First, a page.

WASHINGTON — Nevada National Security Site officials say a facility housing weapons grade plutonium is safe from earthquake threats that could expose radiation to surrounding populations.
But the officials said the Nevada security site is implementing measures suggested by a federal safety board to comply with concerns about risks from seismic events.
Energy Secretary Rick Perry said earlier this week that the Device Assembly Facility on the Nevada security site, where a half ton of weapons grade plutonium is being stored, is safe.
The Defense Nuclear Facilities Safety Board in a report released this month, first reported by the Review-Journal, found the Energy Department had not adequately addressed seismic hazards at the Device Assembly Facility or the potential for a release of radioactive contamination.
“We don’t believe that would happen based on the design of the facility,” Darwin Morgan, a Department of Energy/Nevada National Security Site spokesman in Las Vegas, said in response this week.
In a statement, Nevada security site officials said recommendations to upgrade systems at the facility were underway before the report was issued.
The statement also said that the half-ton of plutonium shipped from South Carolina is in a secured building “that prohibits the introduction of high explosives and ensures adequate protection of external explosive events.”
Sen. Catherine Cortez Masto, D-Nev., questioned Perry during a Senate Energy and Natural Resources Committee hearing this week about the safety board report on seismic activity and risks posed to the facility, as well as to the proposed nuclear waste storage facility at nearby Yucca Mountain.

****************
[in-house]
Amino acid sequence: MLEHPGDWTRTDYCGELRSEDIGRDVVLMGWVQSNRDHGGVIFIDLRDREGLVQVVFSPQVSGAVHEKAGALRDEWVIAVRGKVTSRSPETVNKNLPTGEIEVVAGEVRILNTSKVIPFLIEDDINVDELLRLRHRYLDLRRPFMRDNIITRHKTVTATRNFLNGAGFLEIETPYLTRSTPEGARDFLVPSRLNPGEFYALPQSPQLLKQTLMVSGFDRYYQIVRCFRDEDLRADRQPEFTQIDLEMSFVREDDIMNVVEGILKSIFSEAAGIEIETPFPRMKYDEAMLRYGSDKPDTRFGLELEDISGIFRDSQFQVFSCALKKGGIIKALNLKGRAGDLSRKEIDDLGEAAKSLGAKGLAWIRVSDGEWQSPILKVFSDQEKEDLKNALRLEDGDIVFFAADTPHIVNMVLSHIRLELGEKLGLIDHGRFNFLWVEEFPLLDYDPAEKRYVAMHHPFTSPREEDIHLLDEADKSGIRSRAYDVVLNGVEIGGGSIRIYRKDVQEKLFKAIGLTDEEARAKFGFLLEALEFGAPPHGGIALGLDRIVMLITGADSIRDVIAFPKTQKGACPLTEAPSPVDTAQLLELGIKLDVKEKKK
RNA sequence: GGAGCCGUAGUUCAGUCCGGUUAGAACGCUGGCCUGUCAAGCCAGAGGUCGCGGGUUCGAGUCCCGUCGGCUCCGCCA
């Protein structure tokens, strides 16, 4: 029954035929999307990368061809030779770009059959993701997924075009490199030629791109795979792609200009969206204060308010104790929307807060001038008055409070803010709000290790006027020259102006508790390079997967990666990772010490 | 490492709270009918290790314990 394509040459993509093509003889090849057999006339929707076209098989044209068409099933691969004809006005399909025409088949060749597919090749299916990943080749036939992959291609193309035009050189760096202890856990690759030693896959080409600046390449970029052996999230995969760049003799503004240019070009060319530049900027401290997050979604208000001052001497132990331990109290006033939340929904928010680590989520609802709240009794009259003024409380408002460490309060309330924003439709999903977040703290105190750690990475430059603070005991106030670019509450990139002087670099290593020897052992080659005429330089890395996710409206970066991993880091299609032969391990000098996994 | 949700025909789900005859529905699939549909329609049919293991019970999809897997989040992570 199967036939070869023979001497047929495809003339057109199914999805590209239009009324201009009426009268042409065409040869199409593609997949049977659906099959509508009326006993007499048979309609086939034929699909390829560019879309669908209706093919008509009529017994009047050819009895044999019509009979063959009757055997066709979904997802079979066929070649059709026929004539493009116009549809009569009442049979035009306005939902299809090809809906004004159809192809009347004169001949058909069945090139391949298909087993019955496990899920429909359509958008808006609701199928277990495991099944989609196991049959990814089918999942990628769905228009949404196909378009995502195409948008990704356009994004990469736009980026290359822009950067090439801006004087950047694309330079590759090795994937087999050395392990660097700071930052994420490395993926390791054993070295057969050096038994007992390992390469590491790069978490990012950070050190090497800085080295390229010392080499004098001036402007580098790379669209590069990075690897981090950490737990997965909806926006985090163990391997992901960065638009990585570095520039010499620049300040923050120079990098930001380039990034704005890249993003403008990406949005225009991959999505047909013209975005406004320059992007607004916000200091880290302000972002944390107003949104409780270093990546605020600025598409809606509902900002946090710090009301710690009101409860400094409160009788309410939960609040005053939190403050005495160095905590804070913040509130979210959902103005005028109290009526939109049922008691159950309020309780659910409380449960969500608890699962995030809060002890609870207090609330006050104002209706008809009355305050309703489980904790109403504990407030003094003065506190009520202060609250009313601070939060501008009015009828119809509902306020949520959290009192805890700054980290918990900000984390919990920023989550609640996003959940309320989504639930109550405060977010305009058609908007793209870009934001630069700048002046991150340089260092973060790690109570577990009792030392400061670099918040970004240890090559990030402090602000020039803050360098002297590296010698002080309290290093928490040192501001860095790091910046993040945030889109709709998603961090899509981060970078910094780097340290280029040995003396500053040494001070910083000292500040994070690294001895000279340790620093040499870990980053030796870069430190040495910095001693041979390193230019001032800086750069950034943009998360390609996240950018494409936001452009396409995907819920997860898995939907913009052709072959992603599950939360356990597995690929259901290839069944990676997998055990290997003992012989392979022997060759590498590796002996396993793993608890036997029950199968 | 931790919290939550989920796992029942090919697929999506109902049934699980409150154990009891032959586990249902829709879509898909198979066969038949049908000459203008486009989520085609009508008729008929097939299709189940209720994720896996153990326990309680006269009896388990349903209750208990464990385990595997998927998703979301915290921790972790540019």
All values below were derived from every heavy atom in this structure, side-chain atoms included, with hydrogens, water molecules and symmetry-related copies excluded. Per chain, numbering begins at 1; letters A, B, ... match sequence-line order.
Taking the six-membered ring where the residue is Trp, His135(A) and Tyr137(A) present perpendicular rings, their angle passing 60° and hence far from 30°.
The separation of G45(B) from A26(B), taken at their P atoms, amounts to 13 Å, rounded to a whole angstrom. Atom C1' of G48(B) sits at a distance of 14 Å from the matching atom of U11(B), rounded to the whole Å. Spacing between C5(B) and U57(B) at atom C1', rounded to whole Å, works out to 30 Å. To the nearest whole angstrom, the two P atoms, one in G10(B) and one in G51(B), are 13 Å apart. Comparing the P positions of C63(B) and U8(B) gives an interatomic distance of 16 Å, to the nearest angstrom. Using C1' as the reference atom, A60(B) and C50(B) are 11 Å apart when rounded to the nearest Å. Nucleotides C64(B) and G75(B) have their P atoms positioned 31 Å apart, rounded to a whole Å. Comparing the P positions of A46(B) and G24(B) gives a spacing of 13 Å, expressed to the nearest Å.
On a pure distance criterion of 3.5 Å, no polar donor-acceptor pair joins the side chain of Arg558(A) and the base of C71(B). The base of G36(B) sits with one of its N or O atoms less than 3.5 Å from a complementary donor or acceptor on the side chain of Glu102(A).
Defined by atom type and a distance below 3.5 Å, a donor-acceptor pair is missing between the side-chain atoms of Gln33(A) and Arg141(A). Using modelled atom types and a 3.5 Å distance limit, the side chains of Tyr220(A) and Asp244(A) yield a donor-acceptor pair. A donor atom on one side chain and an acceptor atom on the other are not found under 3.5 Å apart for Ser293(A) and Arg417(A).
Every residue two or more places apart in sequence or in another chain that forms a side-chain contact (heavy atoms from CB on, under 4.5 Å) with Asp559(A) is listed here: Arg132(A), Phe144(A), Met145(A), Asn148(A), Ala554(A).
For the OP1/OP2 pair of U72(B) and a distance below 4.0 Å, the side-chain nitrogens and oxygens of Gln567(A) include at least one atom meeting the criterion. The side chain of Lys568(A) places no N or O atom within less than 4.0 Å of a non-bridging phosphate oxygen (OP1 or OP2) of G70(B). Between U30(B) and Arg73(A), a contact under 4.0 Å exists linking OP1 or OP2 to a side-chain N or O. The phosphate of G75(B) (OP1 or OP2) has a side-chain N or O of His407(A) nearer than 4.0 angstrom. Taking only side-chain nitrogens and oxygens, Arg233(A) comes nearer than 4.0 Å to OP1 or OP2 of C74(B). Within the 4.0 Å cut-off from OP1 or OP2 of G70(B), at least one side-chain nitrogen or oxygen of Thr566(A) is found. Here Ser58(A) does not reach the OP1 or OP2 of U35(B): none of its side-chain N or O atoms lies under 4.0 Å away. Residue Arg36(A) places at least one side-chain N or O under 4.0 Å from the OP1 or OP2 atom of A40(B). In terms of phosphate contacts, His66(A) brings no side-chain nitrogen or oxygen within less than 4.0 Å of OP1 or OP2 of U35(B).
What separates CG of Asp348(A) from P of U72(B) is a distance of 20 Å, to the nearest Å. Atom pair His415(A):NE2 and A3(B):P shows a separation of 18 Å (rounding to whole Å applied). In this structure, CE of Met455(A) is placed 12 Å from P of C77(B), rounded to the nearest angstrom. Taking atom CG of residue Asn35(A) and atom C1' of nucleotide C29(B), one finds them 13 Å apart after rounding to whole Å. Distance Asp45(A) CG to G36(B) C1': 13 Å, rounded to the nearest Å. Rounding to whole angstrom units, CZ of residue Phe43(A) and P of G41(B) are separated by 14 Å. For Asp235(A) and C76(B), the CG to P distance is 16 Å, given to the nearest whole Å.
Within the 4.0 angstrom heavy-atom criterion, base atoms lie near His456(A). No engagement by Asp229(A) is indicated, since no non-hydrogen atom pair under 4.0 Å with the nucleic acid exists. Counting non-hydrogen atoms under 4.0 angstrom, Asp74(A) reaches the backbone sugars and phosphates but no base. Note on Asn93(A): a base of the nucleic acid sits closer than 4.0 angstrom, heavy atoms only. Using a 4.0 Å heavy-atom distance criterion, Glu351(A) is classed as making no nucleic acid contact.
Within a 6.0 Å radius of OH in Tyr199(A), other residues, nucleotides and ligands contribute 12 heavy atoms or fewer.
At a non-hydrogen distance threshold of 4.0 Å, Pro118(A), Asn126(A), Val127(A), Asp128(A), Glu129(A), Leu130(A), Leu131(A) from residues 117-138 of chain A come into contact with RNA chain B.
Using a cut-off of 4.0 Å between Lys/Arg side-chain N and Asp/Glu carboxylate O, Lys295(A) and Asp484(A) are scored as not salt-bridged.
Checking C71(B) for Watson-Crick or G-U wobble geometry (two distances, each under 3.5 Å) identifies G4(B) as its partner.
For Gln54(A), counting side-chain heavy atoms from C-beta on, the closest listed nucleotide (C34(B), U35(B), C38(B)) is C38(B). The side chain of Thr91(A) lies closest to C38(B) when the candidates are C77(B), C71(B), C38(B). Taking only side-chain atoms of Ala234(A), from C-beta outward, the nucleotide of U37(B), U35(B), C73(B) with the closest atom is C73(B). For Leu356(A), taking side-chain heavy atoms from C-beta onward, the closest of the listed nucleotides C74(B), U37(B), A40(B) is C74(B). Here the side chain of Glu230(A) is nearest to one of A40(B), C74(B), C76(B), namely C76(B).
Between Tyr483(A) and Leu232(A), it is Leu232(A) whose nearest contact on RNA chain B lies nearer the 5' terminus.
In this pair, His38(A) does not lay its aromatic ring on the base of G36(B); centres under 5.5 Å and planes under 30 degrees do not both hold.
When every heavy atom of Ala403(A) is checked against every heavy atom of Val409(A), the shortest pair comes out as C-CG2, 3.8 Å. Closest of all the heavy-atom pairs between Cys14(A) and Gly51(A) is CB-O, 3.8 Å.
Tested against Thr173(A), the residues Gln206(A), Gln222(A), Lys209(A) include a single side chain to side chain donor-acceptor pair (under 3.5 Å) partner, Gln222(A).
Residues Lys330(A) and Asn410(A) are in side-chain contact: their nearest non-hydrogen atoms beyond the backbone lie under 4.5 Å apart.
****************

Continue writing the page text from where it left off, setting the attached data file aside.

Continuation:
Danger of earthquakes
“I’ve asked if the DOE has taken into consideration geological surveys that show that the region around Yucca Mountain is a moderate to high seismic hazard and the potential danger posed to neighboring communities,” Cortez Masto said Friday in a statement.
Cortez Masto said that she and Sen. Jacky Rosen have asked Perry to tour “the NNSS to discuss Nevadan’s concerns and so we can share with him the facts about why the project is hazardous to Nevada.”
Cortez Masto also is reviewing a letter from Rep. John Shimkus, R-Ill., a ranking Republican on the House Energy and Commerce Committee, asking her to drop opposition to licensing hearings on Yucca Mountain so that Nevada’s legal challenges on the site’s safety can be resolved.
Cortez Masto asked Shimkus to consider legislation she is sponsoring with other Democrats in the Nevada congressional delegation that calls for consent-based siting to give local governments and tribes more authority over the location of nuclear waste storage facilities.
Meanwhile, Nevada officials are well aware of the seismic activity in the region, which they claim makes it unsafe for nuclear waste storage.
‘Moderate to high’ hazard
The seismic risks to the Device Assembly Facility on the Nevada security site were identified by the safety board, an independent organization that reviews DOE management of defense nuclear facilities.